sputnik

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English[edit]

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Etymology[edit]

From Russian спу́тник (spútnik, fellow traveller), from с- (s-, with, together) + пу́тник (pútnik, traveller), from путь (putʹ, way, journey) + agent suffix -ник (-nik).

Pronunciation[edit]

  • IPA(key): /ˈspʊtnɪk/, /ˈspʌtnɪk/

Noun[edit]

sputnik (plural sputniks)

  1. Any of a series of Soviet unmanned space satellites, especially the first one in 1957.
    • 2011 January 25, Barack Hussein Obama II, Jon Favreau (speechwriter), State of the Union, United States House of Representatives:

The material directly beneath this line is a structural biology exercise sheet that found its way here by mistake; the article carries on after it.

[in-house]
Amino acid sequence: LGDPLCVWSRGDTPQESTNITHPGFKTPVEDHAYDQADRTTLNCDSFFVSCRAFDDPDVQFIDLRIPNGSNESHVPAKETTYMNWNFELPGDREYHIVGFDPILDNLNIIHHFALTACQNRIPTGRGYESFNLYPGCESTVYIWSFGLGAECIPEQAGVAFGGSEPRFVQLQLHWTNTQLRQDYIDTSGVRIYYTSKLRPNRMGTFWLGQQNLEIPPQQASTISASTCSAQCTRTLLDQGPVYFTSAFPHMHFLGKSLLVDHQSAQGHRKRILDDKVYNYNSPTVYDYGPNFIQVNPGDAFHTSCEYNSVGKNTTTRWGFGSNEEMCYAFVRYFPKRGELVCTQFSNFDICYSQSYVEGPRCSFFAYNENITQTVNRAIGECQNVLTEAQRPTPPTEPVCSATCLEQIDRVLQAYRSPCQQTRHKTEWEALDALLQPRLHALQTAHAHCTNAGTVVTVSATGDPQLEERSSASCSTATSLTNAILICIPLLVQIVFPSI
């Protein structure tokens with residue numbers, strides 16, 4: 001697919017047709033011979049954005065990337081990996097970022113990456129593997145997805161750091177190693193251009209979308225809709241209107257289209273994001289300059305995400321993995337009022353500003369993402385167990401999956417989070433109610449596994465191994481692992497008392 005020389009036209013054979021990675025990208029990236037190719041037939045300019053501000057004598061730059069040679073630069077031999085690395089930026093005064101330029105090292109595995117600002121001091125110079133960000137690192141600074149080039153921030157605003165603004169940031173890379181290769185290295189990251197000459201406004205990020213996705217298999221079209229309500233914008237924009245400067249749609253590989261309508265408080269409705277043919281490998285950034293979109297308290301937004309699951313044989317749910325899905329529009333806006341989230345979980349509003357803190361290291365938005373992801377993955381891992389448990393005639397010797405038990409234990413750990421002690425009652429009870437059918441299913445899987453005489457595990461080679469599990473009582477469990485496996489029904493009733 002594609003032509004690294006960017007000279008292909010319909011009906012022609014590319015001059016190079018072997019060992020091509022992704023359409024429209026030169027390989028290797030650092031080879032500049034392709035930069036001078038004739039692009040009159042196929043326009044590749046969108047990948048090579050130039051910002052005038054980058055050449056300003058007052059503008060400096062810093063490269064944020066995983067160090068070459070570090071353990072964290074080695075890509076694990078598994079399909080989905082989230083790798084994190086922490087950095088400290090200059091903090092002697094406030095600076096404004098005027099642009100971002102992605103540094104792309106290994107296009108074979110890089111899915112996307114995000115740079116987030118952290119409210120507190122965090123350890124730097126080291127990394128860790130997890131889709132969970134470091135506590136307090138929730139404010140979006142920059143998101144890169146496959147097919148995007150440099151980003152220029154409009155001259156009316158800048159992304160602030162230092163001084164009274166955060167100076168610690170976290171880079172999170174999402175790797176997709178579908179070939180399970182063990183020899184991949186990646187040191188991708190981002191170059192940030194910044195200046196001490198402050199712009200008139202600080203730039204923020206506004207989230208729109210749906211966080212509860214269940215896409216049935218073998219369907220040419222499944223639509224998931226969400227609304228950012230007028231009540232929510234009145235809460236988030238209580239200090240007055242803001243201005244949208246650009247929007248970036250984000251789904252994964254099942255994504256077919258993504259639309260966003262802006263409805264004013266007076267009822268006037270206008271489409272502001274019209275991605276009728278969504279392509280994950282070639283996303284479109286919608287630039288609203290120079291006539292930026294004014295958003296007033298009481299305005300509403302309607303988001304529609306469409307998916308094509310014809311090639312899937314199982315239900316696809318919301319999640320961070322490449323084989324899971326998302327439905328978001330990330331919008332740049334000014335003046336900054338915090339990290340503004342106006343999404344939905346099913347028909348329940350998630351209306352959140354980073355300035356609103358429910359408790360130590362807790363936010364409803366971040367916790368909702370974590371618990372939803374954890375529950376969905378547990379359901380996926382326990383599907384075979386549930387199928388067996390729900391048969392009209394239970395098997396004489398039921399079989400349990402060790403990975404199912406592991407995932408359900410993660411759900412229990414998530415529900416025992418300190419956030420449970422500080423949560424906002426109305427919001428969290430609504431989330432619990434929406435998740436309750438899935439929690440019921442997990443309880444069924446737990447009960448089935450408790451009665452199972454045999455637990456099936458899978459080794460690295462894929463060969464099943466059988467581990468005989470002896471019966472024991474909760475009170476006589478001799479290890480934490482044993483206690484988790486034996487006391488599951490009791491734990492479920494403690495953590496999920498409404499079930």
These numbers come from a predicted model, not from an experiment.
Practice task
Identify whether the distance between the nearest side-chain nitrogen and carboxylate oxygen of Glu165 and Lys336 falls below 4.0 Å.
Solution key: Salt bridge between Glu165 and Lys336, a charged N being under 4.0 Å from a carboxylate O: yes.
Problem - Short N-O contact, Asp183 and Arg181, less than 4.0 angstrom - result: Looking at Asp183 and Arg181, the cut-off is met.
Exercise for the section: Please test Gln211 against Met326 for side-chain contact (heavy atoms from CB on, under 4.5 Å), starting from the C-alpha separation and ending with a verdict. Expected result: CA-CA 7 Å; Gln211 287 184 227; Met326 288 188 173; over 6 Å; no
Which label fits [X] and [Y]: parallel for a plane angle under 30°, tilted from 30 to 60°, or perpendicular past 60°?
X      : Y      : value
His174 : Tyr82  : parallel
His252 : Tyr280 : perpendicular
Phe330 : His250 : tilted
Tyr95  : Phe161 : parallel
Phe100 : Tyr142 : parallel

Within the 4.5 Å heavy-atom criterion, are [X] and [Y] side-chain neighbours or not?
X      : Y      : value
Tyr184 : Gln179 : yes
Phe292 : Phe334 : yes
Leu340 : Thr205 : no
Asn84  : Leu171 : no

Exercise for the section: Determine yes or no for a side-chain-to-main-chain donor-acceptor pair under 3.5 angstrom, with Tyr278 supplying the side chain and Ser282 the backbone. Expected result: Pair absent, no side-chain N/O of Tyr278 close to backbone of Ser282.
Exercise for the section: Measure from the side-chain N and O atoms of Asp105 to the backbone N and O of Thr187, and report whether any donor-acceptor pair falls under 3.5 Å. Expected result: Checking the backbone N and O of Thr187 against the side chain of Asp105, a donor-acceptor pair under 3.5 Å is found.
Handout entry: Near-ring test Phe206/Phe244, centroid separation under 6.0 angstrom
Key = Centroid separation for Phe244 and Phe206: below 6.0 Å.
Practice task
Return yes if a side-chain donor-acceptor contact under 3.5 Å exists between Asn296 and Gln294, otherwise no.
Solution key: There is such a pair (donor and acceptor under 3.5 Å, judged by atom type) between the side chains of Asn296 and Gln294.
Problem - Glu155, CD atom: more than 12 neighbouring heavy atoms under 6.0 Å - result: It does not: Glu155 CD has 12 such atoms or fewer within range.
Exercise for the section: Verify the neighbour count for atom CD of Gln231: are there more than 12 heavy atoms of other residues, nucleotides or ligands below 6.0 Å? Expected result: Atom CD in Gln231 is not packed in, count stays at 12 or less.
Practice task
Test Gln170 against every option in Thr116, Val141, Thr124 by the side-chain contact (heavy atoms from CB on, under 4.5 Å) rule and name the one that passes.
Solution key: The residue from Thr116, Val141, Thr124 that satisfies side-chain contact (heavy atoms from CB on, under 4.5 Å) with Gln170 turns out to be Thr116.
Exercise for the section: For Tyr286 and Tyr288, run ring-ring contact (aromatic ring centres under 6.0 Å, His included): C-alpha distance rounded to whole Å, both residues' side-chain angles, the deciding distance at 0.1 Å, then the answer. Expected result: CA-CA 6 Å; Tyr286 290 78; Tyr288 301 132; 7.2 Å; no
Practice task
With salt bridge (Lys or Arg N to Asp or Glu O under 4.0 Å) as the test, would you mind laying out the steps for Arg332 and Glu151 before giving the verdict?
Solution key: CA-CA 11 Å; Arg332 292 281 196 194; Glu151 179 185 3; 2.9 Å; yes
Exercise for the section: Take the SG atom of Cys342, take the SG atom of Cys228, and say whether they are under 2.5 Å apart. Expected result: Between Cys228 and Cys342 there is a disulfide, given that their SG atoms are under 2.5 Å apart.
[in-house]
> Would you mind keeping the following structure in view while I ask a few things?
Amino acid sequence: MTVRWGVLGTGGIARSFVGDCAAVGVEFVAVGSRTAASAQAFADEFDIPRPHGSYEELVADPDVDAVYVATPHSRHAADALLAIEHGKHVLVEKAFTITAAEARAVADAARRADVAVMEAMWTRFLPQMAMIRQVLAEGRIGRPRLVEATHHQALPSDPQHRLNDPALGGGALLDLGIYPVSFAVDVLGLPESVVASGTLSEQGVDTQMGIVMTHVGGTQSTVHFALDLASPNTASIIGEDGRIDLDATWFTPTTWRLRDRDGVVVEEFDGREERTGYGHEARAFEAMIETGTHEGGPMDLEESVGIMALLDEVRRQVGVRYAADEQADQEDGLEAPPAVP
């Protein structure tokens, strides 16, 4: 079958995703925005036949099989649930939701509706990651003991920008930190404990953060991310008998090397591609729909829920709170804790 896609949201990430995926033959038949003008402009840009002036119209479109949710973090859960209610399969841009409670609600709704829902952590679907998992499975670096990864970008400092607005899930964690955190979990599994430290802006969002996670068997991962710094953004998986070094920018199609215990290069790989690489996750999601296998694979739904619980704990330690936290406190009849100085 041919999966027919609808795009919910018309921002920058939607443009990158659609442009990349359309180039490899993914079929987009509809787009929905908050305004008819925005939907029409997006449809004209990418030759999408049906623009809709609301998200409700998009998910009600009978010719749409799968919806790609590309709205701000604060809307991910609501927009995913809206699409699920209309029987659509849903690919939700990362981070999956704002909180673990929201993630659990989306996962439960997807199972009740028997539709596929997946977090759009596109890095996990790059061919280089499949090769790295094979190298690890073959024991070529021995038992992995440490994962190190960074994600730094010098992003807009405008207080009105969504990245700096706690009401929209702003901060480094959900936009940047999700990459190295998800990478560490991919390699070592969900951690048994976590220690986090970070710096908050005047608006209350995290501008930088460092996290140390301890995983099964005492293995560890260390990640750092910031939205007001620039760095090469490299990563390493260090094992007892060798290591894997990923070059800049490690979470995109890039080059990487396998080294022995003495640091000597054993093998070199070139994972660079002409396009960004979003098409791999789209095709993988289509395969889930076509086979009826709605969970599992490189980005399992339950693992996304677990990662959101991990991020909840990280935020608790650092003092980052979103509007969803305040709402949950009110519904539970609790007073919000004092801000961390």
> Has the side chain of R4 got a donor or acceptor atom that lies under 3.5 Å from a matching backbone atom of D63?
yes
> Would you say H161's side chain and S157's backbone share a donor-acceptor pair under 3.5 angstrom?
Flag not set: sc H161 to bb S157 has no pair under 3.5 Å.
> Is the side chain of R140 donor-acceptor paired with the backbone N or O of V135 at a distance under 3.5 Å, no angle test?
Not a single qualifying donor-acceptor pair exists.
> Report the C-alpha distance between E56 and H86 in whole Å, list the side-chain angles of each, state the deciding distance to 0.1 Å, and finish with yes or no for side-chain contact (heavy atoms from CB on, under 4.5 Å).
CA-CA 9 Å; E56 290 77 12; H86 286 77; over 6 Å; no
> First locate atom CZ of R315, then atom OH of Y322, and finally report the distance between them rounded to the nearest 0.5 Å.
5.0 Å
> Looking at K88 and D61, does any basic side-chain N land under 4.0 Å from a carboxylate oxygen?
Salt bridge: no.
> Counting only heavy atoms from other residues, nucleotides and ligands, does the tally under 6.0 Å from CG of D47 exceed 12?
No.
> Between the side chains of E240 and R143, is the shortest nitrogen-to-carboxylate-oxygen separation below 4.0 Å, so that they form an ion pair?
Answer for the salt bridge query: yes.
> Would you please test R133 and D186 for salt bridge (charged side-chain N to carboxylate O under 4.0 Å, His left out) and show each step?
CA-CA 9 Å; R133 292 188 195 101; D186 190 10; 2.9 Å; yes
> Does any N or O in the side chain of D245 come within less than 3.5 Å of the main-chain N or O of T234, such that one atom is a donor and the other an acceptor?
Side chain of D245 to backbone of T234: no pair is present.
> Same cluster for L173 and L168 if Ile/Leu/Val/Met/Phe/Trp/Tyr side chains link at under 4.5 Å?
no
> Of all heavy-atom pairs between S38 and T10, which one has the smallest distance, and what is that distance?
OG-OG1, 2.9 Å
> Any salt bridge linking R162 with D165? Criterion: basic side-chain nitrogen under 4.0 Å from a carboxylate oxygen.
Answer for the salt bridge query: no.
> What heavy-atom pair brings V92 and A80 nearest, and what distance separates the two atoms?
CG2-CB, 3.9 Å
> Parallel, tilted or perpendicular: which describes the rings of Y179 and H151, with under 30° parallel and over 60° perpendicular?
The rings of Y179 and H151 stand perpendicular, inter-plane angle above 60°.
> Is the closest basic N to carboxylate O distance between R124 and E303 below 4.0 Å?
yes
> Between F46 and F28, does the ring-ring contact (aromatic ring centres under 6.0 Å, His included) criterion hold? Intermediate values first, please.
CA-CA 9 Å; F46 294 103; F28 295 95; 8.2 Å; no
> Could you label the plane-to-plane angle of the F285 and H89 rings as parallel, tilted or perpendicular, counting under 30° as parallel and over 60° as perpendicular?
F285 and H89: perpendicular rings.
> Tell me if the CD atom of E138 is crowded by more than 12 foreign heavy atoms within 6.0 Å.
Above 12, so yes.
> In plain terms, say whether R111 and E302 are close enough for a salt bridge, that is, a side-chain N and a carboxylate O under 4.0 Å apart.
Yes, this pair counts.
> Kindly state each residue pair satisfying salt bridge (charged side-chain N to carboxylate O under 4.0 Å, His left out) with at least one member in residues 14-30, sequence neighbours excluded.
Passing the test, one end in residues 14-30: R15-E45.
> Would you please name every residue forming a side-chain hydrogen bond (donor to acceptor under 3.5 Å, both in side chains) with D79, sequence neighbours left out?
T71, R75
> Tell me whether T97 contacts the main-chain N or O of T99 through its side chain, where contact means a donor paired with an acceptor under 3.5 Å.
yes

Half a century ago, when the Soviets beat us into space with the launch of a satellite called Sputnik¸ we had no idea how we’d beat them to the moon. The science wasn’t there yet. NASA didn’t even exist. But after investing in better research and education, we didn’t just surpass the Soviets; we unleashed a wave of innovation that created new industries and millions of new jobs. This is our generation’s Sputnik moment.

Derived terms[edit]

Translations[edit]


Portuguese[edit]

Alternative forms[edit]

Noun[edit]

sputnik m (plural sputniks)

  1. sputnik (a Soviet unmanned space satellite)